Take the 2-minute tour ×
Stack Overflow is a question and answer site for professional and enthusiast programmers. It's 100% free.

I need to set an order of execution for my tests, cause I need some data verified before the others. Is possible to set an order?

class OneTestCase(unittest.TestCase):
    def setUp(self):
        # something to do
    def test_login (self):
        # first test
        pass
    def test_other (self):
        # any order after test_login
    def test_othermore (self):
        # any order after test_login
if __name__ == '__main__':
    unittest.main()

thanks

share|improve this question
3  
unit test means tests are unitary. they are not supposed to depend on one another. –  njzk2 May 3 '13 at 17:24
2  
If you're actually interacting with a real server over the wire, you're not doing unit testing. –  delnan May 3 '13 at 17:31
4  
Unitary is nice in philosophy, but quite unhandy in practice sometimes. Imagine a long setup, loading files from disk, network connections ... You don't want your test cases to take an eternity. The slower they are, the less you'll run them, so the less useful they are. –  Michael May 3 '13 at 17:31
2  
stackoverflow.com/questions/8389639/… –  Moj May 3 '13 at 17:32
3  
Well, it's still the best option to do it. You just shouldn't be too dogmatic about it. I have a lot of unit tests for lengthy mathematical computations, without saving temporary results and setup code in setUpClass for a whole set of tests, it would be painfully slow. So as long as your tests proof, what you want to proof, who cares about dogma? –  Michael May 3 '13 at 18:04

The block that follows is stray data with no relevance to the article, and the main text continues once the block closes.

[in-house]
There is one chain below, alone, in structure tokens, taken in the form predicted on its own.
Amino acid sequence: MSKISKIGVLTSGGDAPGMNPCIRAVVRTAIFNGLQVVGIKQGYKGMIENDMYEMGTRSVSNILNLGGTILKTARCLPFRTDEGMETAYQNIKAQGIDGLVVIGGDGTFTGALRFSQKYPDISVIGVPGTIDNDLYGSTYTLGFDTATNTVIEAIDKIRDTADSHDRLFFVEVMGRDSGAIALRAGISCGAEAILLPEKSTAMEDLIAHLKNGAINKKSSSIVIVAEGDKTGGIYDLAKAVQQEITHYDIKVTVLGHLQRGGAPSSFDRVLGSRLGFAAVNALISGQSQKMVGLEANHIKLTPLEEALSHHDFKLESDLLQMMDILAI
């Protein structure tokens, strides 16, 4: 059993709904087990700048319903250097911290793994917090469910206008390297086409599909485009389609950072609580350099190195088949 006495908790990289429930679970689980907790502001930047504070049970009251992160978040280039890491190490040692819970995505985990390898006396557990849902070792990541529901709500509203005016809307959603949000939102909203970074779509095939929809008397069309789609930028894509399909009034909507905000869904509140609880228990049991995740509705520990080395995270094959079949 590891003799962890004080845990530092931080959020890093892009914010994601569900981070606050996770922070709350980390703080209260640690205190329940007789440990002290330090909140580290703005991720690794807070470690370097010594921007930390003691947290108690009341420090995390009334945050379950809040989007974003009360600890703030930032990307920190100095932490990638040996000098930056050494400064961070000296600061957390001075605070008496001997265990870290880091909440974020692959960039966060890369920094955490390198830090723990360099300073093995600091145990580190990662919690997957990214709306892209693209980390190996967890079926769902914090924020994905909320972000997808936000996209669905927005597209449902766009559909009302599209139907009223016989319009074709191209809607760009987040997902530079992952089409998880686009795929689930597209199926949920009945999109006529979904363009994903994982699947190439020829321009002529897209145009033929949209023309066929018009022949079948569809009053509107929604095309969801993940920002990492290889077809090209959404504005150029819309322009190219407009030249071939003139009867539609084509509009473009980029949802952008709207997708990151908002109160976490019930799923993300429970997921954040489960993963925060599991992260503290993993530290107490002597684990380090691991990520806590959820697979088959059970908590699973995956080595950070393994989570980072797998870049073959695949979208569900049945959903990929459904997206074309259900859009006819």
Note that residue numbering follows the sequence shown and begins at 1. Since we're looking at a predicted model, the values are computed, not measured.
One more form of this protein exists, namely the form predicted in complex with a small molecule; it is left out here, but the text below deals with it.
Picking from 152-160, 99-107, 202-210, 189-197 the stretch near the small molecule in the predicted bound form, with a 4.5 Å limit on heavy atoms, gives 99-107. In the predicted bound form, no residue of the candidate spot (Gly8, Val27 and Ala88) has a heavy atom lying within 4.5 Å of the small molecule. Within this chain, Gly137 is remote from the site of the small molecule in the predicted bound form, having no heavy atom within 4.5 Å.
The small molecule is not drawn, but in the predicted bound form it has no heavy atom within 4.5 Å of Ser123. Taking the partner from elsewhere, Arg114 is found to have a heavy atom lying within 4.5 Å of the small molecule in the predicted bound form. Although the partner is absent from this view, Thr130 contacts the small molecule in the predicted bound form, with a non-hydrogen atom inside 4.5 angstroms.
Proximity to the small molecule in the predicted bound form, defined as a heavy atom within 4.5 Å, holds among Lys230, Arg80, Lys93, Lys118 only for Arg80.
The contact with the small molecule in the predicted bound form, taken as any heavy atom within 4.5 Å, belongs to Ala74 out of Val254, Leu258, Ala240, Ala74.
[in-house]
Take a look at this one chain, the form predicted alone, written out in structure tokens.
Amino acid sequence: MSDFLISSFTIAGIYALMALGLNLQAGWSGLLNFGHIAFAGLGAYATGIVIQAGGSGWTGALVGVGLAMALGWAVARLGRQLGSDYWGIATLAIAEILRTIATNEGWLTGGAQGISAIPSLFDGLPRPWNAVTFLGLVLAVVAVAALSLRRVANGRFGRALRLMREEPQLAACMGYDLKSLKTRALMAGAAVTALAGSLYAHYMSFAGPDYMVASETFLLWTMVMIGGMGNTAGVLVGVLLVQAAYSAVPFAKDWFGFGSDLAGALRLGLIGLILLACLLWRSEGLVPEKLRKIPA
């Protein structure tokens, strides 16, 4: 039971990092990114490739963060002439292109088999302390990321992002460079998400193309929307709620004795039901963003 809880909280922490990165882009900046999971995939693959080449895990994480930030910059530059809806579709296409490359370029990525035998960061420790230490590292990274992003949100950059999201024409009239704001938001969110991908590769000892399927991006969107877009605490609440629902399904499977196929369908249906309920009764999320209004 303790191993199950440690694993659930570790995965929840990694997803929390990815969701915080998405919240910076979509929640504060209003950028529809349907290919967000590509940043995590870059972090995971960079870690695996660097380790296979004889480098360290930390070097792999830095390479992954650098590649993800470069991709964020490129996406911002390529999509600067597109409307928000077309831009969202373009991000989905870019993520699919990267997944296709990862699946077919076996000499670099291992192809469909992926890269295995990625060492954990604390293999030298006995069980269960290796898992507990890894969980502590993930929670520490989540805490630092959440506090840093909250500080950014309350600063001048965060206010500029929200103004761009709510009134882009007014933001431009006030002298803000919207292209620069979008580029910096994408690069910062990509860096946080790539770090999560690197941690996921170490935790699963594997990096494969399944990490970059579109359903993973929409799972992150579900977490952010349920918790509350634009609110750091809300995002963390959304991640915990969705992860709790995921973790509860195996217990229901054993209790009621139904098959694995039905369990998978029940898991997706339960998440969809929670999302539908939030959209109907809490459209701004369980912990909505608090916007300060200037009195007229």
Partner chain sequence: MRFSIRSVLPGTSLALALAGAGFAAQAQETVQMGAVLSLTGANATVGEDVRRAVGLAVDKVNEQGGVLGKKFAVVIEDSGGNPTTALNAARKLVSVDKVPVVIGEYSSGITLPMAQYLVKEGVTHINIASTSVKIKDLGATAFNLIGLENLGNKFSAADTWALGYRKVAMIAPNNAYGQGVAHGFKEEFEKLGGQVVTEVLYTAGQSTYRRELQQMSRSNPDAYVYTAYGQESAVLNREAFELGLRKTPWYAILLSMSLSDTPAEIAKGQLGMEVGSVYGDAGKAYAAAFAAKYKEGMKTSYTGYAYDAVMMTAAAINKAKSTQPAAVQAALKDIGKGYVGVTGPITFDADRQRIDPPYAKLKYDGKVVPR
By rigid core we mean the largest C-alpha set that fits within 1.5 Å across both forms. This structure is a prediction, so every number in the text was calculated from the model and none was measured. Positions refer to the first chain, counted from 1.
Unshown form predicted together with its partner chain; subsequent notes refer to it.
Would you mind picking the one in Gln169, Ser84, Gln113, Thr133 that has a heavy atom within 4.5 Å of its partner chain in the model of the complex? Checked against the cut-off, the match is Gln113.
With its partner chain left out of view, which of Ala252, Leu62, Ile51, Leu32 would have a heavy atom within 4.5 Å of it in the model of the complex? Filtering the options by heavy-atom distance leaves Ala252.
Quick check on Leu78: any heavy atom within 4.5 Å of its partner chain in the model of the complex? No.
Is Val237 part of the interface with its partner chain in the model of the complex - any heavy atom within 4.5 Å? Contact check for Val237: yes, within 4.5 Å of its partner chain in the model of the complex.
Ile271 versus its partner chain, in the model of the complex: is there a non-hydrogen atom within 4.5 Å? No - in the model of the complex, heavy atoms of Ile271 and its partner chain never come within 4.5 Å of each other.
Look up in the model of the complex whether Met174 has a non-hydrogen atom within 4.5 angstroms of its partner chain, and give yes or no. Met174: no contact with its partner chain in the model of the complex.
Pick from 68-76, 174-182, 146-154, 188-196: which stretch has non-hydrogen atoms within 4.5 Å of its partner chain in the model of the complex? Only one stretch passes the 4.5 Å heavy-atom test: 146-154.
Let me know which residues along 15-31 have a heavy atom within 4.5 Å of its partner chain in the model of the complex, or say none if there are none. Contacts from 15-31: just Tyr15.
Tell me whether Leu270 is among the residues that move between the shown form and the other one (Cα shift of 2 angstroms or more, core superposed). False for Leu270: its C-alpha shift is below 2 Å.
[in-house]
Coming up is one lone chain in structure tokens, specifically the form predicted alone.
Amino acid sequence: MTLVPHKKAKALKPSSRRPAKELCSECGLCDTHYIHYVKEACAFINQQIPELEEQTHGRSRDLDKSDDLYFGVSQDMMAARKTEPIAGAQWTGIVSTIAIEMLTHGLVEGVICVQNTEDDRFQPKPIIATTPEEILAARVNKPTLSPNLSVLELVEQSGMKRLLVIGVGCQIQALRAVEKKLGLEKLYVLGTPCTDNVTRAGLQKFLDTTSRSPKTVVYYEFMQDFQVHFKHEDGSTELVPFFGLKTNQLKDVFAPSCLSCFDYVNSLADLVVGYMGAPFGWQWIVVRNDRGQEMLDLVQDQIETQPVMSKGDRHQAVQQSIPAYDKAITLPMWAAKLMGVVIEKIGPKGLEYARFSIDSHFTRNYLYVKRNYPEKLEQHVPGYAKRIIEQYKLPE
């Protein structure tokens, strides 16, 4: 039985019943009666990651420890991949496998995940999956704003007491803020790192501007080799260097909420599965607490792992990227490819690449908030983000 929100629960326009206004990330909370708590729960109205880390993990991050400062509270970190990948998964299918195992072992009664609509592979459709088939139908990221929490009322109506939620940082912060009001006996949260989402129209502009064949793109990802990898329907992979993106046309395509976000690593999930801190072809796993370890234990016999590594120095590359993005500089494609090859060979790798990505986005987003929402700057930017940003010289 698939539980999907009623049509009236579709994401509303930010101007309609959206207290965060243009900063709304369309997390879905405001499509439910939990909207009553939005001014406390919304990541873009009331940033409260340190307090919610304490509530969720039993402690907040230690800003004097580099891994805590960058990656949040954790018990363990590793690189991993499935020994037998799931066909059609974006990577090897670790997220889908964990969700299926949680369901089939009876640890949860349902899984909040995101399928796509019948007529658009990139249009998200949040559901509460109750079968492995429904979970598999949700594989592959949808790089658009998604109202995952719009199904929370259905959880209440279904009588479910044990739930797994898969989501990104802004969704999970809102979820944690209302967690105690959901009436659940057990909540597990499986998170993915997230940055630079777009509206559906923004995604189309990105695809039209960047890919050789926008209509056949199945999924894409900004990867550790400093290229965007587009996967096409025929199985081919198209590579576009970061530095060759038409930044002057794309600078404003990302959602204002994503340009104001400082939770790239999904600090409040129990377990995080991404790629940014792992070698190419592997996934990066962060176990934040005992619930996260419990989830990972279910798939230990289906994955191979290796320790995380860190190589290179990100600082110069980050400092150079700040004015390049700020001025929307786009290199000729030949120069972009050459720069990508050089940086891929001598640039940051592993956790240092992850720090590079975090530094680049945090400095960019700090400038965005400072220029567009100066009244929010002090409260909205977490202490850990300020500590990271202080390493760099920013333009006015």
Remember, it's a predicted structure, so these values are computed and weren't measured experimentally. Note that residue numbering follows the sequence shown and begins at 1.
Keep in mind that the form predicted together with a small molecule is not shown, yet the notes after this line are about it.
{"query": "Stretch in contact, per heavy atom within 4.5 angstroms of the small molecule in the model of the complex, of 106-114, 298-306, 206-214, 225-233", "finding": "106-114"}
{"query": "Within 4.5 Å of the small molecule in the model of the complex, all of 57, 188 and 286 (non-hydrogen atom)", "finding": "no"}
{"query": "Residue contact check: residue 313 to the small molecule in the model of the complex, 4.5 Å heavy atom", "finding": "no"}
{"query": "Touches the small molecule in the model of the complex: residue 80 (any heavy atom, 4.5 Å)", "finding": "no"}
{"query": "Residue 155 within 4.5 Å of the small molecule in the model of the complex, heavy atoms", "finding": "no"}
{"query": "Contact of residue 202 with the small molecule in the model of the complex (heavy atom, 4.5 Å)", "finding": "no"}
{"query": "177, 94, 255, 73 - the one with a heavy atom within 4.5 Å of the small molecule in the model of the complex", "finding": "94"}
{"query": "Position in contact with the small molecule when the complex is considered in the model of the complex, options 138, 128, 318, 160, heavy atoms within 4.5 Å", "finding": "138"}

2 Answers 2

up vote 2 down vote accepted

Better do not do it.

Tests should be independent.

To do what you want best would be to put the code into functions that are called by the test.

Like that:

def assert_can_log_in(self):
    ...

def test_1(self):
    self.assert_can_log_in()
    ...

def test_2(self):
    self.assert_can_log_in()
    ...

Or even to split the test class and put the assertions into the setUp function.

class LoggedInTests(unittest.TestCase):
    def setUp(self):
        # test for login or not - your decision

    def test_1(self):
        ...

When I split the class I often write more and better tests because the tests are split up and I can see better through all the cases that should be tested.

share|improve this answer
    
also login must be tested, that could be ok? –  Carlos May 3 '13 at 17:30
    
Sorry, I do not understand. –  User May 3 '13 at 17:31

You can do it like this:

class OneTestCase(unittest.TestCase):
    @classmethod
    def setUpClass(cls):
        # something to do
        pass

    def test_01_login (self):
        # first test
        pass
    def test_02_other (self):
        # any order after test_login
    def test_03_othermore (self):
        # any order after test_login

if __name__ == '__main__':
    unittest.main(failfast=True, exit=False)

Tests are sorted alphabetically, so just add numbers to get your desired order. Probably you also want to set failfast = True for the testrunner, so it fails instantly, as soon as the first test fails.

share|improve this answer
2  
Where are they sorted? Can one rely on that? –  User May 3 '13 at 17:30
2  
unittest sorts them reliably by alphabet. –  Michael May 3 '13 at 17:55

Your Answer

 
discard

By posting your answer, you agree to the privacy policy and terms of service.

Not the answer you're looking for? Browse other questions tagged or ask your own question.